During his rise to and occupancy of the French presidency, Nicolas Sarkozy has regularly announced new law-and-order offensives in the hopes of stoking support among the majority of French voters who say they're scared of crime. Typically, those policies have taken aim at Sarkozy's preferred target: the banlieues, the troubled suburban housing projects that ring most French cities and are populated by a disproportionately high number of minorities.
Though divisive, the policies have usually worked first fueling Sarkozy's rise from crusading Interior Minister to master of the Elysée, then serving as his trump card whenever his support slumped. But this week, Sarkozy turned on a community that has long been the default object of suspicion and disdain throughout Europe: itinerant people including gypsies, travelers and Roma. And by using that small, ostracized group as easy prey in a new anticrime push, Sarkozy has critics charging him with manipulating public concerns of security and immigration for cynical political gain.
On Wednesday, Sarkozy told members of his conservative government that he intends to look into "the problems created by the behavior of certain travelers and Roma," whose nomadic lifestyle leaves them with "no assimilation into [the] communities" they live near. He also said he'd gather with advisers on July 28 for a special Elysée meeting on the issue, which he said falls under the "implacable struggle the government is leading against crime, [and the] veritable war we're going to wage against traffickers and delinquents."
Though the vast majority of the (very roughly) estimated 400,000 travelers in France are either French citizens or residents of E.U. countries, critics accuse government officials who have made statements linking the issue to immigration of trying to drum up nationalist support by playing the antiforeigner card. "You can very well be Roma, a traveler, even, at times, French within these communities," government spokesman Luc Chatel said to the press on Wednesday as he explained Sarkozy's motives. "But you'll have to respect the law of the republic."
Those comments came after a weekend of violence in central France, when young men from a community of travelers, enraged at the July 16 shooting of one of their peers by a policeman, rioted through the sleepy village of Saint-Aignan, south of Blois. For two days after 22-year-old Luigi Duquenet was fatally shot while a car he was in charged a police roadblock and allegedly hit an officer, around 50 youths from Duquenet's encampment attacked the Saint-Aignan gendarme station with metal bars and axes and also destroyed small local businesses, burned cars and damaged public property. The situation had calmed by July 18, but many people in France interpreted the violence as evidence that the widely held stereotypes of gypsies as criminals, troublemakers and outcasts are true.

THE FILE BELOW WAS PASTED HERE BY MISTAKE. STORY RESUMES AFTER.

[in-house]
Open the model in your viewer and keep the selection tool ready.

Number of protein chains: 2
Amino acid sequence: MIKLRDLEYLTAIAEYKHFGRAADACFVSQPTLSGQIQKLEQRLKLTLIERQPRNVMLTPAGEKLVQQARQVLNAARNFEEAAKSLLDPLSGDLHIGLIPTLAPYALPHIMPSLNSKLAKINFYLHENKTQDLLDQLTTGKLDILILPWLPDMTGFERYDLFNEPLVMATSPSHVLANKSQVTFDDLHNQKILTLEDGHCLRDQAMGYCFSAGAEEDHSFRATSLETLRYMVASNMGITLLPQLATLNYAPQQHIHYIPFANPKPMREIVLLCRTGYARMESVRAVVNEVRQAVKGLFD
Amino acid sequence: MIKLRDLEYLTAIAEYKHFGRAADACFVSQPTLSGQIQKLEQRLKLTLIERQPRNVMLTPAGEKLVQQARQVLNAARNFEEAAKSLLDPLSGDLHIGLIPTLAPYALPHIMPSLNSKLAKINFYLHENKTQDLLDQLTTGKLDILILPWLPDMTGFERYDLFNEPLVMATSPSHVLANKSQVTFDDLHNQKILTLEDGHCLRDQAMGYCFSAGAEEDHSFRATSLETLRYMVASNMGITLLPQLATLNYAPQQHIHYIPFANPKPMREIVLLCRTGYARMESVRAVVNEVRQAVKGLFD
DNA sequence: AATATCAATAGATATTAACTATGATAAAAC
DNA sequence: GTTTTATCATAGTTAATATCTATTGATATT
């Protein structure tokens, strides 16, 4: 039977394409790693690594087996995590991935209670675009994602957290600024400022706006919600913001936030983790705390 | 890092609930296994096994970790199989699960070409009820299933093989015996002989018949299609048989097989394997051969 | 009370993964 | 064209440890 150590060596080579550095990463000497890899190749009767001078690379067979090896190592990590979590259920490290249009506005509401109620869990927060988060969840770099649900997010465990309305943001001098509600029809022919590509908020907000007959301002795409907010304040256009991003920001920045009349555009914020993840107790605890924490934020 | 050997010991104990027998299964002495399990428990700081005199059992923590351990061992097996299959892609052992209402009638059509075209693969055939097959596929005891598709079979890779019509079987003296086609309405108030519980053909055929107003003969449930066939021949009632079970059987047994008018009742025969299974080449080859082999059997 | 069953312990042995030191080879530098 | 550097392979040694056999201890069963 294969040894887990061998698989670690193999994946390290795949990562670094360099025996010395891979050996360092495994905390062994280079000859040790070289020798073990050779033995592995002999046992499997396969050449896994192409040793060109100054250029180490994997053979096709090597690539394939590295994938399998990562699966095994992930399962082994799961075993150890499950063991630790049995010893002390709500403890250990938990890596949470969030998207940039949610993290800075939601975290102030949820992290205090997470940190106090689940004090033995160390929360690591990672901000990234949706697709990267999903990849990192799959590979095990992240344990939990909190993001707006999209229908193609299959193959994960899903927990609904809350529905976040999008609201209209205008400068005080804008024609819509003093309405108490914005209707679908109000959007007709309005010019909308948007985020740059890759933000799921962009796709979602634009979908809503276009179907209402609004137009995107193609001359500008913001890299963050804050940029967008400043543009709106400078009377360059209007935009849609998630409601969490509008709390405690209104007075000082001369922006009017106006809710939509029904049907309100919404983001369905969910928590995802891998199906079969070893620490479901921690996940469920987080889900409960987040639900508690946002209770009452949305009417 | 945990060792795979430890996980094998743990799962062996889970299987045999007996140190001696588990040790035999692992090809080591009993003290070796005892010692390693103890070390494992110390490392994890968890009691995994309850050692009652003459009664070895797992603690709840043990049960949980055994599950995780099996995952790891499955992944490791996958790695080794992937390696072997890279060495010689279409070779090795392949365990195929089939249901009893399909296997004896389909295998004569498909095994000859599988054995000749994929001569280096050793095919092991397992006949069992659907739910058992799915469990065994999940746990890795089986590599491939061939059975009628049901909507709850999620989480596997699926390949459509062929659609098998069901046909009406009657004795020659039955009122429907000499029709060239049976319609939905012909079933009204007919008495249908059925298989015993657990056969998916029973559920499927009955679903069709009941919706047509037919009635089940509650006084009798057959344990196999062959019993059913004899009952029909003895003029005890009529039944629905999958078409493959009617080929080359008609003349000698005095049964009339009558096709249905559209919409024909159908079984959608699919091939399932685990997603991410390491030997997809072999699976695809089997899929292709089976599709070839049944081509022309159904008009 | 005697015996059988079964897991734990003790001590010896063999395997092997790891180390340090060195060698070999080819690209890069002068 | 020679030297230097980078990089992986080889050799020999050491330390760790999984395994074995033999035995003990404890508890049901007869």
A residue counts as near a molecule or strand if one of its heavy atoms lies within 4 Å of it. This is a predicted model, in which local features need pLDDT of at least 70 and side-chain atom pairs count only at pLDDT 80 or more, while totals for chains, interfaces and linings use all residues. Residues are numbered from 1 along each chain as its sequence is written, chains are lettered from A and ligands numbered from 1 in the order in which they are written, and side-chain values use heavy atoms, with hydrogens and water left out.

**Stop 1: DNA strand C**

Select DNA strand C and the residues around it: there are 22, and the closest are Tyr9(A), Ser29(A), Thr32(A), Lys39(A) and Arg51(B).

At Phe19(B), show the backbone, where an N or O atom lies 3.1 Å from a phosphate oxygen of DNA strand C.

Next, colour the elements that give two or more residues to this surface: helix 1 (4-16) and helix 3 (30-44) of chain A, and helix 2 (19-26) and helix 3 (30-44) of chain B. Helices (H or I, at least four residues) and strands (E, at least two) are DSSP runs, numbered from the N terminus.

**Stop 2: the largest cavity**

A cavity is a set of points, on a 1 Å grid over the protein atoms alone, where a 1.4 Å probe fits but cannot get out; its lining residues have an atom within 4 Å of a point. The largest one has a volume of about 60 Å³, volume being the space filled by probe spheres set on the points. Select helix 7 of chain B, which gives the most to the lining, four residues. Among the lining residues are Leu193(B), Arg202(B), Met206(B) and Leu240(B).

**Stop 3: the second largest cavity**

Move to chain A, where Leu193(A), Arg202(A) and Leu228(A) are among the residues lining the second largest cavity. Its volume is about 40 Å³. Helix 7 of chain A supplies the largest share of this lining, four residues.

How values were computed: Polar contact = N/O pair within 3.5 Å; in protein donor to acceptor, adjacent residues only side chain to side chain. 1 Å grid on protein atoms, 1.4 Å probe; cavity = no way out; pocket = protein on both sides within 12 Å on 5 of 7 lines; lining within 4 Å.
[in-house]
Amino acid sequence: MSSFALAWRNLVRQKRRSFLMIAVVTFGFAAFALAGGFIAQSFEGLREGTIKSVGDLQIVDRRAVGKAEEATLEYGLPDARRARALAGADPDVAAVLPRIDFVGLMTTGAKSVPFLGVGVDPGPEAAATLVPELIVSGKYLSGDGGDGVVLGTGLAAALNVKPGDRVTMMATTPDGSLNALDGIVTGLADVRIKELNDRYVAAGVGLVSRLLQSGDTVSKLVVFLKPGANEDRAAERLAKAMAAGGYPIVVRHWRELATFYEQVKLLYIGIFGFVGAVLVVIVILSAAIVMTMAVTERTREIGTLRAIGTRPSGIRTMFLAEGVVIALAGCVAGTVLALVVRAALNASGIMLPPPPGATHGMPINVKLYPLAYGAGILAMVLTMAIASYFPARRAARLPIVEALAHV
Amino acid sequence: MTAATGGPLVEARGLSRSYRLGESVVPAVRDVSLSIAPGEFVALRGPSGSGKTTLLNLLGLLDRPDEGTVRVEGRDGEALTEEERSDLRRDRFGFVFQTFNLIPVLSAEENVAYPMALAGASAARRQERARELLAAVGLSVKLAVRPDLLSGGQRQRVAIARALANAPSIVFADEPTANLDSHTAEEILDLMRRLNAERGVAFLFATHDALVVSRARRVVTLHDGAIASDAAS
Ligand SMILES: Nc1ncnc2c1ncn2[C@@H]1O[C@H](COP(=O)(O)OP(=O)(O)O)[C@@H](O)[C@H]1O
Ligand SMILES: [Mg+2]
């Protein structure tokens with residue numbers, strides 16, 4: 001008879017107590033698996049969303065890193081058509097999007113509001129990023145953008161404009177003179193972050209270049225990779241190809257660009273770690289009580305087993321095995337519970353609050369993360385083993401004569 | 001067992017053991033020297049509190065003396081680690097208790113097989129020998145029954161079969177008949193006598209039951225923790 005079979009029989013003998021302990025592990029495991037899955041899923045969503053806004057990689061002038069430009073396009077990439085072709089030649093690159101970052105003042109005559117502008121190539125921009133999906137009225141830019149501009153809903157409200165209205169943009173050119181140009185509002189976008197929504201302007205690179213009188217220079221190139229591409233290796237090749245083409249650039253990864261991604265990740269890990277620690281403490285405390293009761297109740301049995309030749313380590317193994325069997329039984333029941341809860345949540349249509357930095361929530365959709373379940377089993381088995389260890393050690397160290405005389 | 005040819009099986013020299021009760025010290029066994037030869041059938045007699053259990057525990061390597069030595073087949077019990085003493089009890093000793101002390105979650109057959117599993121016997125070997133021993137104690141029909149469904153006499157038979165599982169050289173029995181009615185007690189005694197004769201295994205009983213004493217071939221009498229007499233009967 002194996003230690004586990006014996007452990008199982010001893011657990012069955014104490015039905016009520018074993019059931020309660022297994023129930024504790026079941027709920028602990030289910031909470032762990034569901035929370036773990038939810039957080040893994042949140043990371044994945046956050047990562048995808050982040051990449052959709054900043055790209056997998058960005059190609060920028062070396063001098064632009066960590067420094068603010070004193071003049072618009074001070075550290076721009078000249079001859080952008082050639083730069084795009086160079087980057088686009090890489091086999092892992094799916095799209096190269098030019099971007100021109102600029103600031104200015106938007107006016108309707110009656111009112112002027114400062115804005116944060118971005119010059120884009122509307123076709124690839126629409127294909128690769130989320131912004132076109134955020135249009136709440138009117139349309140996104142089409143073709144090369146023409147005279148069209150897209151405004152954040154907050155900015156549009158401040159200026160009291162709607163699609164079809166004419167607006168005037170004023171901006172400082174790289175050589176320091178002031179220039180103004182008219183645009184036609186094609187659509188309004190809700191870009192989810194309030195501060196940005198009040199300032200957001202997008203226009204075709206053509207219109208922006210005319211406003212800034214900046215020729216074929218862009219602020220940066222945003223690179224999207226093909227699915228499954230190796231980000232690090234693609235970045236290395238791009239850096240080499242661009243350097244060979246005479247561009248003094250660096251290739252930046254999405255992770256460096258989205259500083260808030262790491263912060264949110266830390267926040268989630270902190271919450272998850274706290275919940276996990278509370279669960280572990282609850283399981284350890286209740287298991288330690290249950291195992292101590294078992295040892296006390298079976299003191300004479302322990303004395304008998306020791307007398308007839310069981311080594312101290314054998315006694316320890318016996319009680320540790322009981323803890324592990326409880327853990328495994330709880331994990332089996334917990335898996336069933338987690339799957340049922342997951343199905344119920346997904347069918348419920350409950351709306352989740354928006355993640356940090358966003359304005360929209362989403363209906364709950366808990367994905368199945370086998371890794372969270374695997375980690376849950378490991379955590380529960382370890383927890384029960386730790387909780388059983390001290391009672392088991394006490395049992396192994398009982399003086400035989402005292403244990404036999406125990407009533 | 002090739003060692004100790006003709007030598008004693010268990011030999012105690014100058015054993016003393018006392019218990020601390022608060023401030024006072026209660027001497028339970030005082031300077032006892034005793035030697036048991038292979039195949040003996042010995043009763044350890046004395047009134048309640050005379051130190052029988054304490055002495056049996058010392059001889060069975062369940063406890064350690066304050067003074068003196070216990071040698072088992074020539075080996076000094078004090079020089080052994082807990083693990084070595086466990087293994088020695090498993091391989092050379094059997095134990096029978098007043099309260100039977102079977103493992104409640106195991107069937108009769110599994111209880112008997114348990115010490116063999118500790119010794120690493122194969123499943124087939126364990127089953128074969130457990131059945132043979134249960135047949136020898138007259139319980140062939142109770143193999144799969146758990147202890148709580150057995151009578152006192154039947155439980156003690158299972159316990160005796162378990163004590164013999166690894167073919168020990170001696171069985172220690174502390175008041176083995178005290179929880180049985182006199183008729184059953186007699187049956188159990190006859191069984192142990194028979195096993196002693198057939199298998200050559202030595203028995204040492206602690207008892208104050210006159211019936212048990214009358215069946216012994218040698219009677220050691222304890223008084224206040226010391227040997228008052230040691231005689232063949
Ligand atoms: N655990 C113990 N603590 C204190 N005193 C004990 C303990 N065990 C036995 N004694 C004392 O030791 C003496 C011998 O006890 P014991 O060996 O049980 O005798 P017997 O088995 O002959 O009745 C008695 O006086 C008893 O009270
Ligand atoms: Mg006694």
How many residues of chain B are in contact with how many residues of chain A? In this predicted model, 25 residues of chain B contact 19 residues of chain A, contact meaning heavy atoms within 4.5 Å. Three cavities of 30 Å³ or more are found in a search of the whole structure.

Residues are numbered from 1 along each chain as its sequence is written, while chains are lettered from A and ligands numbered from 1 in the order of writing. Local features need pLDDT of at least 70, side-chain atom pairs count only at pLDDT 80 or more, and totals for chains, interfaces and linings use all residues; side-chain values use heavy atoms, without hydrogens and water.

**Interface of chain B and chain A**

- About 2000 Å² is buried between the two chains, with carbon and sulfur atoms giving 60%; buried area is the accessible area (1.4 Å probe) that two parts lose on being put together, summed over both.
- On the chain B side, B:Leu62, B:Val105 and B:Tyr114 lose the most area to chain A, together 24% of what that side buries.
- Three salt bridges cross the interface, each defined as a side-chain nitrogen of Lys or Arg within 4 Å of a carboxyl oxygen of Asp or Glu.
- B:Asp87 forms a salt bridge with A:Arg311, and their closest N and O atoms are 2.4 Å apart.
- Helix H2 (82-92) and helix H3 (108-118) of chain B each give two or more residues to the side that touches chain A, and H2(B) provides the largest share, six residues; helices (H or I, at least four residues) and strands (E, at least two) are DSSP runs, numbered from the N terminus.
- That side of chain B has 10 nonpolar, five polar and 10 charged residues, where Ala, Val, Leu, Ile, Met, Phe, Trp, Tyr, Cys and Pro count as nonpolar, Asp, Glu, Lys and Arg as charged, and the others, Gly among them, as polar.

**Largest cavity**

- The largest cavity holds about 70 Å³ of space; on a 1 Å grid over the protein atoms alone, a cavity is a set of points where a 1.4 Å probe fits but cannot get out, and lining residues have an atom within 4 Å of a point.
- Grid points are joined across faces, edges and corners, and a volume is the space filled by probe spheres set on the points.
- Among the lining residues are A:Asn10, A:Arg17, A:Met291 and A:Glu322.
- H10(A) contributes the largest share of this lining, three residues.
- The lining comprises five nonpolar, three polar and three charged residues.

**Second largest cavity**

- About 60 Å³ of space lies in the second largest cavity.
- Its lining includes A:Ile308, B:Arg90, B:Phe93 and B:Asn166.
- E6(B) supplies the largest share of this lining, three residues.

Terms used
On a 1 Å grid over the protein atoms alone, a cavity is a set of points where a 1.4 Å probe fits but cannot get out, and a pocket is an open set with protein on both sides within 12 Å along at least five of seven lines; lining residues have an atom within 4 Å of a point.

That such prejudice endures is partly the fault of France's authorities. Despite laws requiring that towns whose populations exceed 5,000 provide suitable camping grounds for traveler communities, France was recently chided by the Council of Europe for largely ignoring that obligation. Nomadic communities are often relegated to staying outside town walls, usually either in makeshift camps with few facilities supplied to them, or for the poorest in shantytowns and squats. That segregation means few urban French know much about travelers or the diversity of the traveling community. The generic label gens du voyage (travelers) covers not only tsigane (roughly "gypsies"), who went to France over the centuries, but also manouches who arrived from Germany in the 19th century, Spanish-origin gitanes and the more recent Roma.
Critics claim that Sarkozy's new hard-line focus seeks to play last week's unrest at Saint-Aignan for political gain. With his approval rating at a personal all-time low of 25%, his government dogged by spending scandals and his Labor Minister, Eric Woerth, ensnared in the intrigue surrounding the inheritance battle between L'Oréal heiresses Liliane and Françoise Bettencourt, detractors say Sarkozy's latest law-and-order charge is simply an attempt to change the topic and score points at the expense of a population that few people are eager to defend.
"To better make people forget the scandal he's marred in himself, [Sarkozy] has invented a new diversion with a new category of scapegoat," Green Party legislator Noël Mamère declared on Wednesday night. "He serves up to the good folk of France people who've always been rejected to the margins of society, [and he] plays on confusion by suggesting that all Roma, all travelers, are all foreigners."
Opposition pols aren't the only ones crying foul. France's League of Human Rights has decried Sarkozy's "racist stigmatization of Roma and traveler populations through unacceptable amalgams." Samir Mile, spokesman of Voice of Roma, an association defending the rights of France's nomadic communities, told France Info radio on Thursday, "We're preparing to take it right in the face as we always do during political crises," adding that when "France is going poorly, [and] the President is doing badly, he seeks to divert public opinion toward easy targets."
This time, the controversy that Sarkozy's new law-and-order pledge has created seems to have replaced the applause that his previous anticrime crusades have provoked. It could be that by targeting travelers the eternal scapegoat Sarkozy may find that his unbeatable trump card has finally lost its magic.